If you don’t like the simple butter ravioli sauce, you can serve these delicious Spinach Ricotta Ravioli in my San Marzano Tomato Sauce or a tomato cream sauce instead. Alongside this delicious pasta dish, you can serve my Semolina Bread for dunking into the sauce and my Mediterranean Cucumber Salad for some freshness.
Spinach Ravioli Recipe with Ricotta
- 1 Skillet
- 1 Hand cranked pasta machine
- 1 Fluted cutting roller optional
- 1 Large saucepan
- 1 Small saucepan
Spinach Ricotta Filling
- 8 ounces fresh spinach (226 grams)
- 1 pound fresh ricotta (450 grams)
- 4 ounces finely grated Parmigiano Reggiano (120 grams)
- 1 egg
- ¼ - ½ teaspoon ground nutmeg
- 1 teaspoon salt
- 3 ⅓ cups 00 flour (400 grams/14 ounces)
- 4 eggs
- Semolina flour for dusting
- 4 ounces salted butter (115 grams)
- pinch salt
- 2 ounces finely grated Parmigiano Reggiano cheese extra to serve (60 grams)
Spinach Ricotta Filling
- Wash the spinach and wilt in a skillet over medium heat. There’s no need to add any extra water.
- Cool and squeeze out excess moisture.
- Chop spinach finely.
- Combine chopped spinach with the remaining filling ingredients.
- Cover and refrigerate until ready to use.
- Reserve a couple of tablespoons of flour. Tip the remaining flour onto the work surface and make a well in the middle.
- Break eggs into the well in the flour
- Using a fork (or fingertips) whisk the eggs like you’re making scrambled eggs. As you whisk, bring in a little bit of flour from around the edges and incorporate it into the eggs.
- Keep working more flour into the dough. A pastry scraper is useful or just use your hands.
- Add more flour as needed. The dough should not be sticky. If you are rolling by hand do not add too much flour
- Knead the dough for 8-10 minutes or until it is smooth and you feel the change in the dough. Don't omit this kneading.
- Put an upturned bowl over the dough or wrap in plastic wrap and allow to rest for 30 minutes or so.
Assemble the Ravioli
- Line large baking sheets with parchment paper then sprinkle with semolina flour. You may need 3 or 4 baking sheets.
- Divide pasta dough into 4 equal parts. Take one portion keeping the remaining dough covered.
- Use either a hand cranked pasta machine or pasta attachment for a stand mixer. Set the pasta machine with the rollers at the widest setting.
- Flatten the dough slightly then pass the dough through the rollers. Remaining on the widest setting, fold the dough and repeat until smooth. Dust with a little flour to prevent the dough from sticking and dragging through the rollers.
- Reduce the roller width setting gradually, passing the dough through each time (or even twice) until the dough is 1/16 inch in thickness.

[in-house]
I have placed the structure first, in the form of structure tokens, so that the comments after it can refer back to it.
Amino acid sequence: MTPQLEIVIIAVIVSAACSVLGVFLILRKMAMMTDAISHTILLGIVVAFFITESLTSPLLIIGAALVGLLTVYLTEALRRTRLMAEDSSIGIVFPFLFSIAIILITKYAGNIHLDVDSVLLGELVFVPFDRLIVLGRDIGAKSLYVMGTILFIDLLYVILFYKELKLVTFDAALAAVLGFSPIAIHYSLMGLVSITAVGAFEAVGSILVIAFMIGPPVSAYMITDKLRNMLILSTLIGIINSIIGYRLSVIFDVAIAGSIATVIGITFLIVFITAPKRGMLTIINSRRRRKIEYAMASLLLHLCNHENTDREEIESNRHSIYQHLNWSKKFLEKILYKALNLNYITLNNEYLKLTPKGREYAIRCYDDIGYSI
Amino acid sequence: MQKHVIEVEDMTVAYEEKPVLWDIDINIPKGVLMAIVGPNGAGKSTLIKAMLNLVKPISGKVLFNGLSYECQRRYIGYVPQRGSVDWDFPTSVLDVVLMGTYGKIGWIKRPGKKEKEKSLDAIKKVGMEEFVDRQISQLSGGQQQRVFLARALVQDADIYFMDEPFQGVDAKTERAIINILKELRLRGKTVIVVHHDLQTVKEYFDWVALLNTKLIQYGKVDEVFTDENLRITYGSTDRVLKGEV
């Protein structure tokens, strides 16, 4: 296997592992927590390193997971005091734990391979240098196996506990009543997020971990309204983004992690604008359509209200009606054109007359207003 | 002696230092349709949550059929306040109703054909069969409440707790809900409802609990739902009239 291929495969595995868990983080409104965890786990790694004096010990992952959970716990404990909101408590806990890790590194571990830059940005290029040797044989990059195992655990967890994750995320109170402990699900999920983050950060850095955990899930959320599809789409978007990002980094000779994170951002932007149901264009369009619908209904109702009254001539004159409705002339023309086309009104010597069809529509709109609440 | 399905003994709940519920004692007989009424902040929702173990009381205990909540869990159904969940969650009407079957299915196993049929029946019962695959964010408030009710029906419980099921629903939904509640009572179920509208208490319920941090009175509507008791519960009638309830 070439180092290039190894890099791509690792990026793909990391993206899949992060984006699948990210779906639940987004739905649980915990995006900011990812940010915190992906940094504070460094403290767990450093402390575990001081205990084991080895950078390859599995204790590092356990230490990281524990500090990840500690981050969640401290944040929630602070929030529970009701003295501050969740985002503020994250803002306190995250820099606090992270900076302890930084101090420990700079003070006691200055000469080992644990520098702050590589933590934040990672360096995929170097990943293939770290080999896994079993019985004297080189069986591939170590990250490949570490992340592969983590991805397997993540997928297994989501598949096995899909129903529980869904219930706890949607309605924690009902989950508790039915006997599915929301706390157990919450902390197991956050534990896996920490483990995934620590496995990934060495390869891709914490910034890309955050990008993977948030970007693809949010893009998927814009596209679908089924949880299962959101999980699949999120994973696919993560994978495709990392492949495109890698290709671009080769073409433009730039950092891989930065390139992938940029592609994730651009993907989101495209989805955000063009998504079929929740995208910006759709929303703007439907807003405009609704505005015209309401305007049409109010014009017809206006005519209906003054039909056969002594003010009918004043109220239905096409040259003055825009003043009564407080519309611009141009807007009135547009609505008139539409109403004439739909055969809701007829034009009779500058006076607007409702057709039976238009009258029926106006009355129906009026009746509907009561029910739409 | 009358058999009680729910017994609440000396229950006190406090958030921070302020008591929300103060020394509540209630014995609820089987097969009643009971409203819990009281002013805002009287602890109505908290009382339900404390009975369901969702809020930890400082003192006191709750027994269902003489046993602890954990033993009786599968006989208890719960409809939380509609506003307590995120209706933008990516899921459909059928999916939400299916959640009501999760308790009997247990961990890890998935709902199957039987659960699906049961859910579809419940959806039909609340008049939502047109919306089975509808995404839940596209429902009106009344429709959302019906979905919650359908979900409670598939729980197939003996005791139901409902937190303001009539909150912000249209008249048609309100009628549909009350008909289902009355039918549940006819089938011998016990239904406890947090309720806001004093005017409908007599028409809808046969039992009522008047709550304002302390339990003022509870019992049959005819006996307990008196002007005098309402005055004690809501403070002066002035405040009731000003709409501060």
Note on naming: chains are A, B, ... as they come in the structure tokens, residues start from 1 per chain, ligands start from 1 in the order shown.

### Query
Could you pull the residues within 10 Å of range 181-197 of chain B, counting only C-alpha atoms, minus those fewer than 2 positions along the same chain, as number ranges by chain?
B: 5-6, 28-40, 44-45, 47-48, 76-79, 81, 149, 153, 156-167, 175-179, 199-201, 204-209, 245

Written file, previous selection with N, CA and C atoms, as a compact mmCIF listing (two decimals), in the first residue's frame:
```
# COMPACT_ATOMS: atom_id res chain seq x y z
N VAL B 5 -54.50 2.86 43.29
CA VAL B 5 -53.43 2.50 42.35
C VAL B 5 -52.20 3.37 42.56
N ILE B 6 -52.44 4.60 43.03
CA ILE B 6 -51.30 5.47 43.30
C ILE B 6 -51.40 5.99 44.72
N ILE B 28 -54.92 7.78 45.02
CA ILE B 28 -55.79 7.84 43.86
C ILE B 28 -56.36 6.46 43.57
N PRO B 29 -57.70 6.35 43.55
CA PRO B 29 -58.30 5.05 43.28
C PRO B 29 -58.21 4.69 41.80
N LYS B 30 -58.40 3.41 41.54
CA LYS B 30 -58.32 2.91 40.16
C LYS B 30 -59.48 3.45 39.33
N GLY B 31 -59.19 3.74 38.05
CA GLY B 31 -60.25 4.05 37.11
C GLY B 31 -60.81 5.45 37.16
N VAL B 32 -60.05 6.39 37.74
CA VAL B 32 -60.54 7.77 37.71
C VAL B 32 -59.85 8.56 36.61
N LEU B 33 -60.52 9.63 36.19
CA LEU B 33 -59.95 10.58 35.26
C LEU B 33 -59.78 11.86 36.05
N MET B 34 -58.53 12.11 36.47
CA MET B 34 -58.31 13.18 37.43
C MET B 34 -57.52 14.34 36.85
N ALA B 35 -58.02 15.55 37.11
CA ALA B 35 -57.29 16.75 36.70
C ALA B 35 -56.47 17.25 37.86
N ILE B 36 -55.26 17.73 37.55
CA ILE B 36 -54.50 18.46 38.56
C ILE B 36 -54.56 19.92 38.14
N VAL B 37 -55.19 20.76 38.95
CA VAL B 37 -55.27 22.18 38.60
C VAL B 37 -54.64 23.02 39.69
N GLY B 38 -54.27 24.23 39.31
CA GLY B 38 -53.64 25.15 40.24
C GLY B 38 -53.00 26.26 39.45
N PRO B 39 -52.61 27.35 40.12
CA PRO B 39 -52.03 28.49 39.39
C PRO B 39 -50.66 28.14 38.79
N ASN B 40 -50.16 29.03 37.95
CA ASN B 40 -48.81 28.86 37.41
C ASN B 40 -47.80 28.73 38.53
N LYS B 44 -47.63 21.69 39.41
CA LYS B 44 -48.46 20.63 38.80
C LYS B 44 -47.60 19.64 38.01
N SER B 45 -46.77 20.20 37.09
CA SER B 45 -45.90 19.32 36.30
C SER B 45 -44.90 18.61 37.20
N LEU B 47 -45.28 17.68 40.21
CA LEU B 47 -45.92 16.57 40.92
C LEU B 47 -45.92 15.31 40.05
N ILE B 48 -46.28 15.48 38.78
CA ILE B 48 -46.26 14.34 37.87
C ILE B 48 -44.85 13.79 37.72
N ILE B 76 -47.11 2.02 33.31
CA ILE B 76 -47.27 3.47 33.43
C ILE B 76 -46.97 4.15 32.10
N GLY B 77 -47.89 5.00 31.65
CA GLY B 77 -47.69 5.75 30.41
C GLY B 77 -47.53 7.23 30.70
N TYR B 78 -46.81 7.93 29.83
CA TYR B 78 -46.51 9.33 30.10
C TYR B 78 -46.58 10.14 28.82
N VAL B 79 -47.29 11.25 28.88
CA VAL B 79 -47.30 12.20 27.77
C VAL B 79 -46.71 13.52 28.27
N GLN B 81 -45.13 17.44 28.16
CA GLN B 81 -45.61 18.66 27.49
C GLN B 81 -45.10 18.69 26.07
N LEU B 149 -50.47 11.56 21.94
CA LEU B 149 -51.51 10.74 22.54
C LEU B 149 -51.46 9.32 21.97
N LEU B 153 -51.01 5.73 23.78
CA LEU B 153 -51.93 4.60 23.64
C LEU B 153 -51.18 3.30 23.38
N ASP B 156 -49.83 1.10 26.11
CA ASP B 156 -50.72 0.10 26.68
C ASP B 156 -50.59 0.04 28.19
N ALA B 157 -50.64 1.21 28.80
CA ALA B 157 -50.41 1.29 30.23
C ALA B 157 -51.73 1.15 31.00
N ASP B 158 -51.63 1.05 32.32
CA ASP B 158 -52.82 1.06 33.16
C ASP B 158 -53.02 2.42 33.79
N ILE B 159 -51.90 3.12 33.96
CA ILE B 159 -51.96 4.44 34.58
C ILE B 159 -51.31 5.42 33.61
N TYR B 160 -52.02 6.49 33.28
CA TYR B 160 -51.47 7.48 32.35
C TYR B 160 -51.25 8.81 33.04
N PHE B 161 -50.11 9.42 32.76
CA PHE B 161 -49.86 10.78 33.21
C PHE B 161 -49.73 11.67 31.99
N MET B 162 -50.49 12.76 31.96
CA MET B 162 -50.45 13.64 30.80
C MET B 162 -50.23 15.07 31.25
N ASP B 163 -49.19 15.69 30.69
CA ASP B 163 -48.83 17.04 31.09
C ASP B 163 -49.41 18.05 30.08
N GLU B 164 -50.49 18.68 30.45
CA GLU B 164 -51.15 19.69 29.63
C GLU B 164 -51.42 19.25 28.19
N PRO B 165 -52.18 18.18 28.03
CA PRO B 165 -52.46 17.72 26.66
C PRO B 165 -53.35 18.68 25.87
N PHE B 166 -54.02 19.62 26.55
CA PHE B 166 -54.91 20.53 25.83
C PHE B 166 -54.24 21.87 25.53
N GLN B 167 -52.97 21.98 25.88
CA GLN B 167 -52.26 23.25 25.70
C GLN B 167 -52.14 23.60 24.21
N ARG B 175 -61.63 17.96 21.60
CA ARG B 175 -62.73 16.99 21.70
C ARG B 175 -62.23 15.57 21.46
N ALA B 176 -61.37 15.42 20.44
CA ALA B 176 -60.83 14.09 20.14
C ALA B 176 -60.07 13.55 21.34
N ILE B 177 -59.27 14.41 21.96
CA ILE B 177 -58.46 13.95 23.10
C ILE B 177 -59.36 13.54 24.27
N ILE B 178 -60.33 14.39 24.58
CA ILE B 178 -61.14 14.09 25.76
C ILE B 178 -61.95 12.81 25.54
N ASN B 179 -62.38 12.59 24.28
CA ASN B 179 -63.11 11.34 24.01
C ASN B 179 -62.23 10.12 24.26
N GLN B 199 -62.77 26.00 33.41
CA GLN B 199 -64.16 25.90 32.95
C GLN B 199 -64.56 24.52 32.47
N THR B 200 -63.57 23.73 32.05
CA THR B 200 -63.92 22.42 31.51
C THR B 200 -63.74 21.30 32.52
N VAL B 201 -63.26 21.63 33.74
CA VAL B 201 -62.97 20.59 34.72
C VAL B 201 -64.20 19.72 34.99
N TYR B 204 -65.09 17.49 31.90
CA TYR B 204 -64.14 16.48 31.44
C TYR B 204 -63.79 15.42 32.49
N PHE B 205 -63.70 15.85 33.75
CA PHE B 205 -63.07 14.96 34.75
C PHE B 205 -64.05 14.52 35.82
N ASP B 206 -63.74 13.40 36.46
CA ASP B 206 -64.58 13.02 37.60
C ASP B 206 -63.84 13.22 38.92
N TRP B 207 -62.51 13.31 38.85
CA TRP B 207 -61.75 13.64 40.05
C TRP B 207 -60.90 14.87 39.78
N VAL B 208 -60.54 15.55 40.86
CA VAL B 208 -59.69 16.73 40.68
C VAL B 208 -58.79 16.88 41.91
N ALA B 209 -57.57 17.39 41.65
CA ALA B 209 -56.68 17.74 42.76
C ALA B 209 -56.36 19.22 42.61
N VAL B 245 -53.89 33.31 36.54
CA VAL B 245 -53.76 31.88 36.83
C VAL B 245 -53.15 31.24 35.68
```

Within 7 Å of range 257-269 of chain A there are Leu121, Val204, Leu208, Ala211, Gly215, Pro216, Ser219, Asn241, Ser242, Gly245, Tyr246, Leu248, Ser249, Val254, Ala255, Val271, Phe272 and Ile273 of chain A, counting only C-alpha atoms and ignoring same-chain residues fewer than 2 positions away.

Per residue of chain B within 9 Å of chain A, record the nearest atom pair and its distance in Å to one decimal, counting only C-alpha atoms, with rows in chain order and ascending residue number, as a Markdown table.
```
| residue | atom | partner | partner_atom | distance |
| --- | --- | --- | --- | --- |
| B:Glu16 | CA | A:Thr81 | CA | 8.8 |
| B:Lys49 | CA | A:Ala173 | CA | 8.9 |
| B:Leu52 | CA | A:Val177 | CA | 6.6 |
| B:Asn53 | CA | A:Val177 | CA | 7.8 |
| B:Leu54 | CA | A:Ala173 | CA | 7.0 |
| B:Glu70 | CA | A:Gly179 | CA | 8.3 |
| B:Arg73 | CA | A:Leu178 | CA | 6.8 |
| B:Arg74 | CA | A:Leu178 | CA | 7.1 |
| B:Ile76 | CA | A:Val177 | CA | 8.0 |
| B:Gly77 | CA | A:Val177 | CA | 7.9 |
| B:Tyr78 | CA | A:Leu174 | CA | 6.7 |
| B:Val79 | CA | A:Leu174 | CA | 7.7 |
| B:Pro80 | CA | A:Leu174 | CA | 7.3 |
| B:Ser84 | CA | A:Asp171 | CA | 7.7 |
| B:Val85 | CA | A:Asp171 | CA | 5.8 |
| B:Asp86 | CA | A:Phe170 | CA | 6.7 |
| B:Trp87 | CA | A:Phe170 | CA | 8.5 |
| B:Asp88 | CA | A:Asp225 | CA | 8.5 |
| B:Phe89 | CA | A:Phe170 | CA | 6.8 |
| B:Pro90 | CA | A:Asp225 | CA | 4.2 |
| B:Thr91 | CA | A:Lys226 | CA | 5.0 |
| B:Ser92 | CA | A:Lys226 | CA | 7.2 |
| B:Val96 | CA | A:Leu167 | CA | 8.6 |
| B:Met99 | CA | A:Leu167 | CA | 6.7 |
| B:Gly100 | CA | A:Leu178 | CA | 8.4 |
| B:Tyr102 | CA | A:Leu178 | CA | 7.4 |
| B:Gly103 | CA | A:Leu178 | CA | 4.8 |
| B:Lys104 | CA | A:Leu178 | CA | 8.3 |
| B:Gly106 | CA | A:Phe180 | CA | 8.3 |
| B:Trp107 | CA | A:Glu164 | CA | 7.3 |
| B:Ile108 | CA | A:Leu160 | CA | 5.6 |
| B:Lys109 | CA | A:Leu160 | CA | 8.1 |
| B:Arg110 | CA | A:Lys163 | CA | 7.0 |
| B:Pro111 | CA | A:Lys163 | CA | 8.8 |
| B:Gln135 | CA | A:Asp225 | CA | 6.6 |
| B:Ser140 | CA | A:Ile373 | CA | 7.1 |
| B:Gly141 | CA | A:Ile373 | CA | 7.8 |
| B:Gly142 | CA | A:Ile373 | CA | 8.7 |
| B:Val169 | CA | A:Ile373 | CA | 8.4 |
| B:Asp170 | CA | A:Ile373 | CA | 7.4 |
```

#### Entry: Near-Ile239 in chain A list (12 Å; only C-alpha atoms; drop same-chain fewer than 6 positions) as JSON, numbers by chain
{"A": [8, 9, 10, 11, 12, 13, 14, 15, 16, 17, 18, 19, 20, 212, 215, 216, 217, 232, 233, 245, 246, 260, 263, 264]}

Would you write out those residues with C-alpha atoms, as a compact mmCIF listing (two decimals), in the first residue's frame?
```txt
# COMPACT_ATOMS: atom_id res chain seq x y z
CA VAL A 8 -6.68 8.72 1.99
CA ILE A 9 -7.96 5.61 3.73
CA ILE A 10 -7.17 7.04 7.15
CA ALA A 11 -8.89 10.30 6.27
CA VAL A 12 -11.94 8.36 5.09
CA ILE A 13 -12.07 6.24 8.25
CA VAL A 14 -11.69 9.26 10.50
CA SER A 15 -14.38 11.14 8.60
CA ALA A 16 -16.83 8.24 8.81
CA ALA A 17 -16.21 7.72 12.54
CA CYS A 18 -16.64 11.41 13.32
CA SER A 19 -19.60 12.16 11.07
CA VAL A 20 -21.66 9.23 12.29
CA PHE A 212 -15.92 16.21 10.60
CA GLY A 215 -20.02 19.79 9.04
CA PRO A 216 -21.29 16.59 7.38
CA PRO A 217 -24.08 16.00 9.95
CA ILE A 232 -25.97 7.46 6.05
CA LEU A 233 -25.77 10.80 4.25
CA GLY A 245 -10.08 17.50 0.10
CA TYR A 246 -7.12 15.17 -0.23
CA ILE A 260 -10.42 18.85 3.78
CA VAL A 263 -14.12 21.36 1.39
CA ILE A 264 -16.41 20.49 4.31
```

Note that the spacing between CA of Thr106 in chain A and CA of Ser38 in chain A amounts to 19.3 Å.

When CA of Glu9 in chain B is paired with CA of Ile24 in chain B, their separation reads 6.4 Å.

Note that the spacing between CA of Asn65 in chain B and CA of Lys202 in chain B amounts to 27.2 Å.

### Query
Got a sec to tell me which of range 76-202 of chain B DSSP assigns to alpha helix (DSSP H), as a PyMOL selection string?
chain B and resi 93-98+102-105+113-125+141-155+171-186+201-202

- The pasta sheet should be at least 30 inches (75cm) long.
- Lay the sheet onto a lightly floured surface. That could be your countertop, table or large cutting board. Cut the sheet in half to make two lengths of 15 inches (37.5cm) long. This will make it easier to fold over.
- Place heaped teaspoons of filling (or use a piping bag) 1 inch (2 ½ cm) along each length of the pasta about ½ inch (a bit over 1cm) from the edge. You should have about 15 mounds. Tip: Keep the each mound closer to the one long edge so that the other long edge can be folded over to seal.
- Fold the opposing long edge of pasta over the filling matching up the edges. Press around each mound of filling to seal. Tip: Begin in the middle of the pasta length working your way towards each end, press around each mound expelling the air as you go
- Cut into squares with a fluted pastry wheel or a knife and arrange on the prepared baking sheets in a single layer. You should have made about 15 ravioli with one quarter of the pasta dough.
- Repeat with the remaining dough and filling.
- Bring a large saucepan of salted water to a boil. Add ravioli. Reduce heat to a gentle simmer; cook until ravioli float to the top and are tender which is about 3 minutes.
- Drain. Spoon butter sauce over ravioli.
- Combine gently with a rubber spatula.
- Sprinkle with Parmigiano Reggiano cheese and combine again. Serve immediately.
- Melt the butter in a small saucepan over medium heat with a pinch of salt. Torn sage leaves can be added.
- Prepare by decluttering your work surface and ensuring you have space to work.
- Drain the ricotta.
- Take a look at my Tagliatelle Pasta recipe for some extra hints.
- Be sure to gently smooth out the air bubbles out using your fingers.
- Avoid the Spinach Ricotta Ravioli from sticking to the baking sheet or each other by lining with parchment paper and dust with semolina flour.
Nutritional Information Per Serving
Nutritional information is an estimate provided by an online nutrition calculator. For accurate results, it is recommended that the nutritional information be calculated based on the ingredients and brands you use.